The unusual match happened when researchers sought for someone to help fold paper structures to inform different types of deployable structures in space. They didn’t have to look much further than Stamps – where Hunter, a current student, specializes in 3D designs using additive manufacturing, paper engineering, and Computer Aided Design.
Hunter has since found his purpose using his Stamps education and perspective within the world of STEM – a somewhat non-traditional route for art and design students. The experience has given Hunter a passion for interdisciplinary design, which he is currently pursuing as a minor.
“It’s great as an artist to be able to come into the engineering space and have meaningful contributions to STEM,” Hunter said. “I believe that interdisciplinary research and bringing in people from different backgrounds is the future of STEM and engineering as a whole. You have people who are trained in a similar way, and have a similar way of thinking because of that training. When you bring in a designer that has a different background, it lends to innovation.”
“When you bring in a designer that has a different background, it leads to innovation.”
At first, Hunter felt imposter syndrome in his role, where he helps design deployable space structures, energy absorption devices, meta-materials and auxetic structures that take inspiration from origami and paper folding. But Hunter soon realized that his design-oriented thinking had a place at the table.
“I might suggest an idea that some engineers might not think of. The huge role that I’ve played is just spitballing ideas,” Hunter said. “I don’t know how feasible they might be, but I’m just like, ‘Hey, what if we curve it? Instead of it being a straight line, why don’t we make a curve? Maybe we can use this material, and so on.’”
Interdisciplinary design has also been a way for Hunter to embrace his mathematical side, which drives his personal work.
“Math has been a theme throughout most of the work I do,” Hunter said. “In high school, I remember that I was learning about polar equations. I remember asking my teacher if I could make art with it. It took me forever to make these planetary orbit diagrams. One thing I would draw was really technical, geometric drawings and I explored patterns, tiling, and different types of tessellations. Geometry was always something that really spoke to me.”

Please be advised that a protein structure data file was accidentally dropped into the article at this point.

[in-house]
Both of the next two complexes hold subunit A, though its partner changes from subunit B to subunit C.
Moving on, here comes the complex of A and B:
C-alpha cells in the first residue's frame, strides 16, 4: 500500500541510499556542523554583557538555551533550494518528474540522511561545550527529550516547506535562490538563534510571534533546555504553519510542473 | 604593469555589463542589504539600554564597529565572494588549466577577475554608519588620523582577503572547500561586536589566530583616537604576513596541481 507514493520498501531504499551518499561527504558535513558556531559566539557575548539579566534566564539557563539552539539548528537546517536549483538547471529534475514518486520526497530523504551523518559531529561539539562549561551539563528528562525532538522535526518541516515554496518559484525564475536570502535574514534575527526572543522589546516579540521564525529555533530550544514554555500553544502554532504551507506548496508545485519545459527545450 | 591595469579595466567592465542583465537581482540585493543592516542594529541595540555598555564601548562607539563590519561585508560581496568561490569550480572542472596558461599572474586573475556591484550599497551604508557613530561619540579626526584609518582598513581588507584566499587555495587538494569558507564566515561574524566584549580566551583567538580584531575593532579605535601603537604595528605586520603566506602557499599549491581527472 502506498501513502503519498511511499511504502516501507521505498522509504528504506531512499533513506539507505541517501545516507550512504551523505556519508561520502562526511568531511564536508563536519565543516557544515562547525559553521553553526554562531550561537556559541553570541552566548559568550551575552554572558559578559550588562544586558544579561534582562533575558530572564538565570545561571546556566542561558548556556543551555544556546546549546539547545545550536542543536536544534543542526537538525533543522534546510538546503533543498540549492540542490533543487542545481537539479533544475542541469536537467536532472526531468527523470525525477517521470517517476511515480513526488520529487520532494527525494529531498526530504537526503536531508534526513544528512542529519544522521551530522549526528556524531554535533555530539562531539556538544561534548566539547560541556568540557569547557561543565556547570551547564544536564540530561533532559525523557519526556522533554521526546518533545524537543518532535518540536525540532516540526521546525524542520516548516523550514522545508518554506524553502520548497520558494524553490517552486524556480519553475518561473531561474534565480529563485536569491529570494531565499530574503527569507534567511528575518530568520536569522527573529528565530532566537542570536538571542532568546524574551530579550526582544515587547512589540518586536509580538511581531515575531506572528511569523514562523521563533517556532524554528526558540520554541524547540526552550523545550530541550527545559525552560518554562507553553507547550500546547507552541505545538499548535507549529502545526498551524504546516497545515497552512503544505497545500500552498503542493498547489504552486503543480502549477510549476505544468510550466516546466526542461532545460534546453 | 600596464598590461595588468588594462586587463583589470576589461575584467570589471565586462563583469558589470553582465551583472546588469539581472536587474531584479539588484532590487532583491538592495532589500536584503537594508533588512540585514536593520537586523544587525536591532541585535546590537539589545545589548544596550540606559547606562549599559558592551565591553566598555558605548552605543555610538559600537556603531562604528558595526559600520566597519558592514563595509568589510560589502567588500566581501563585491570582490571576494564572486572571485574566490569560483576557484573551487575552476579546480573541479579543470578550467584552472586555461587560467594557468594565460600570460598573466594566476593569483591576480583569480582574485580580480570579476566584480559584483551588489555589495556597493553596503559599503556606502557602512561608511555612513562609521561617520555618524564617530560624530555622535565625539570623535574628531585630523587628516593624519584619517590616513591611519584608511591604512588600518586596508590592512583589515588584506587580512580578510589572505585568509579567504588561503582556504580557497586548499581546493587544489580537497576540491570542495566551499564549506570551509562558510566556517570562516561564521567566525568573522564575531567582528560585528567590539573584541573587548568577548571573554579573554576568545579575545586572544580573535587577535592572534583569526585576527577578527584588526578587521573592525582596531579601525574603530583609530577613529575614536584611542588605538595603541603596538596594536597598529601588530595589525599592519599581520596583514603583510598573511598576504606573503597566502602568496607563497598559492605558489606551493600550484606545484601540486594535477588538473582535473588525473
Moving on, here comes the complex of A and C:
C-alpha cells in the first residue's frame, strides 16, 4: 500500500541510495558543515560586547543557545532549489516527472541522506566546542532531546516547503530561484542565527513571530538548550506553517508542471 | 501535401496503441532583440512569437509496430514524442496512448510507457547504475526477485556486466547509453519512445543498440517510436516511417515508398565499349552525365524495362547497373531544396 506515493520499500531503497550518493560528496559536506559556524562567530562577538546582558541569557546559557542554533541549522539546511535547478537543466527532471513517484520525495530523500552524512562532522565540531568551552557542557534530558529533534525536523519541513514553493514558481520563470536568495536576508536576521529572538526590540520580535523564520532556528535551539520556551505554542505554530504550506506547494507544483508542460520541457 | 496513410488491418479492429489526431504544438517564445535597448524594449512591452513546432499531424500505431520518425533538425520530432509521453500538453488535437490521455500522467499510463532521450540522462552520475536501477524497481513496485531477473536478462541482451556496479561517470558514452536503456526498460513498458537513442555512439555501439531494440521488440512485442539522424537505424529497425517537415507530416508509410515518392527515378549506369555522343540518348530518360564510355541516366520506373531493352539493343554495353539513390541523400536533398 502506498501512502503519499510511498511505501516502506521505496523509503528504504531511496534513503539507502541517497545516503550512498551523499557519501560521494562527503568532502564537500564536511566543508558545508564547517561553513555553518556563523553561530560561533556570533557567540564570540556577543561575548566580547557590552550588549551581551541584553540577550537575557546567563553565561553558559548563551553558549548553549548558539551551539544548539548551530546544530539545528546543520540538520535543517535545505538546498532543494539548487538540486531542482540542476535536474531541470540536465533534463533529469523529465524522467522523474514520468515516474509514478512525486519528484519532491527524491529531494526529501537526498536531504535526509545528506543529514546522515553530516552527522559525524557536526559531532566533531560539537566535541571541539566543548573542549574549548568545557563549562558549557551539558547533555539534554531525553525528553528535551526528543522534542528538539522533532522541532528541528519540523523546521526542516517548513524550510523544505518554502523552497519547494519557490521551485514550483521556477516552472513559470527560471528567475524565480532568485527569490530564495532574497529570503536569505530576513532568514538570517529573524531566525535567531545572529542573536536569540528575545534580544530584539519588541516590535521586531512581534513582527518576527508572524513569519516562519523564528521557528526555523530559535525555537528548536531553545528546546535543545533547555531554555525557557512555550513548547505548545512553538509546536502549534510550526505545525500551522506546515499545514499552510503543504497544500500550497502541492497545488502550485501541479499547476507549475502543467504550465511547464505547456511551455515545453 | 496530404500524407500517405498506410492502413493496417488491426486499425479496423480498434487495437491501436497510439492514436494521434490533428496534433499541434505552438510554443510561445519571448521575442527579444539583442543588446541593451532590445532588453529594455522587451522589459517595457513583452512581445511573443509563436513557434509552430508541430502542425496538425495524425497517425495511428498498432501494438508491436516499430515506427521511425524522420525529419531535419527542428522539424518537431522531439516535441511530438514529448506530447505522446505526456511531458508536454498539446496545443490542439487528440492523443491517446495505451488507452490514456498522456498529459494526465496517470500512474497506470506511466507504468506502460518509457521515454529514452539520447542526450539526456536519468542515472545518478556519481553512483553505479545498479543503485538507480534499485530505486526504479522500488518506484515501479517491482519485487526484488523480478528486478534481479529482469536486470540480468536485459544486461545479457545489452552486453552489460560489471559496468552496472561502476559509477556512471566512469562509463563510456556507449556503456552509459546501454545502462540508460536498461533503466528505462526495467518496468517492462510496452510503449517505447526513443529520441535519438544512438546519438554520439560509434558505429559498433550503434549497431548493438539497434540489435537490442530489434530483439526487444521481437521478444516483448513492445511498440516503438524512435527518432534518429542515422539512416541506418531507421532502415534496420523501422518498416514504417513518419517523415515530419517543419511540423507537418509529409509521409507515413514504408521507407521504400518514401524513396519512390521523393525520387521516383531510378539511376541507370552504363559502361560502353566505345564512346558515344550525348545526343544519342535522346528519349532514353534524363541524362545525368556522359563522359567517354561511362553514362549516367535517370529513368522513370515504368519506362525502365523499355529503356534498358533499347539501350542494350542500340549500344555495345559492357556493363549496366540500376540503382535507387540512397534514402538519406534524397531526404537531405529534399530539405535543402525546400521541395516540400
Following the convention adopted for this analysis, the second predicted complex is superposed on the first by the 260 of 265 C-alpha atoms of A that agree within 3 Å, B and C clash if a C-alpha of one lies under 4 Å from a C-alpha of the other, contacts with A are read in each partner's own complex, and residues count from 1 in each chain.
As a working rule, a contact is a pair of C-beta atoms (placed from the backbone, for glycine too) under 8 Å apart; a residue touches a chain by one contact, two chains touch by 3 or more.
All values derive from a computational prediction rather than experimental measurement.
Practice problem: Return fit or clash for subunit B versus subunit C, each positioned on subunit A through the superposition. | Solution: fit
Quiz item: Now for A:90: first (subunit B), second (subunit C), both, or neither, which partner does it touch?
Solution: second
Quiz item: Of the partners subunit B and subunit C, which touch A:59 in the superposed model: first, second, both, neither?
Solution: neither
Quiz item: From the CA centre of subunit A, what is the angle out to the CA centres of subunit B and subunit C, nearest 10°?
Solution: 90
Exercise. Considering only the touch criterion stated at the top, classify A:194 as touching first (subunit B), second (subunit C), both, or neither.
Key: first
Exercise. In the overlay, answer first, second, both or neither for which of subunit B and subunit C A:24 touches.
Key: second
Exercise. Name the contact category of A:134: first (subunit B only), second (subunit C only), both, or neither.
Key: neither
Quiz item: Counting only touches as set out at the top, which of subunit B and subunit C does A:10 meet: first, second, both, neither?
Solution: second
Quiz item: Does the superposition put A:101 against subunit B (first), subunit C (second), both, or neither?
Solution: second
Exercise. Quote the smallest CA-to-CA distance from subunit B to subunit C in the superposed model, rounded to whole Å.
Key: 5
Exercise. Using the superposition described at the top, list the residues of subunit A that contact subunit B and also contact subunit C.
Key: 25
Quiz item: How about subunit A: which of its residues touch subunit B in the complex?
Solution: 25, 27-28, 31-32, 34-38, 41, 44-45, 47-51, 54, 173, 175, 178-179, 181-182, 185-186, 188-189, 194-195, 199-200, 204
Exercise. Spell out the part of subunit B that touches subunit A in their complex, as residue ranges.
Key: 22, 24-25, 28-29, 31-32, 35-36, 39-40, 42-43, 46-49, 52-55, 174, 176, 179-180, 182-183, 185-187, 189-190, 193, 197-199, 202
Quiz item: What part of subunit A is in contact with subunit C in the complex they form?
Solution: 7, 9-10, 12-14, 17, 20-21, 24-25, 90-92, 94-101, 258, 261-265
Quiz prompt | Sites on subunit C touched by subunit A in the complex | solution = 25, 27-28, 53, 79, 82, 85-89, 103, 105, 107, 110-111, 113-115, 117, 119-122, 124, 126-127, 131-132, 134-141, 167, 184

When doing research about how to make his work 3D in his hometown in Montana, Hunter stumbled upon Matt Shlian, a former lecturer at Stamps. Hunter became fascinated by Shlian’s work with “paper engineering.” He made the move to Ann Arbor in 2019, where he worked for Shlian as a studio assistant for two years. In the time working with Shlian, Hunter not only learned more about the craft, but the possibilities at Stamps.
“Matt showed me that I could do this art thing for real,” Hunter said. “He sort of convinced me to go to art school, and Stamps would give me the opportunity to explore interdisciplinary work. It’s embedded in a larger university as a whole. There’s so many other types of curriculum you can pursue, which is something that I have gotten lucky enough to do with aerospace engineering.”
At Stamps, Hunter has found a place on the Student Advisory Council. He’s grown to love the Stamps community, especially when he takes part in meaningful critiques.
“We just had our first critique in Intro to Sculpture. I think that’s probably one of the best critiques I’ve ever been in,” Hunter said. “We’d been working on these metal sculptures for so long, and everyone just sat down, said as much as they could about other people’s work, and helped each other. I just kept thinking to myself: ‘this is why I’m here.’”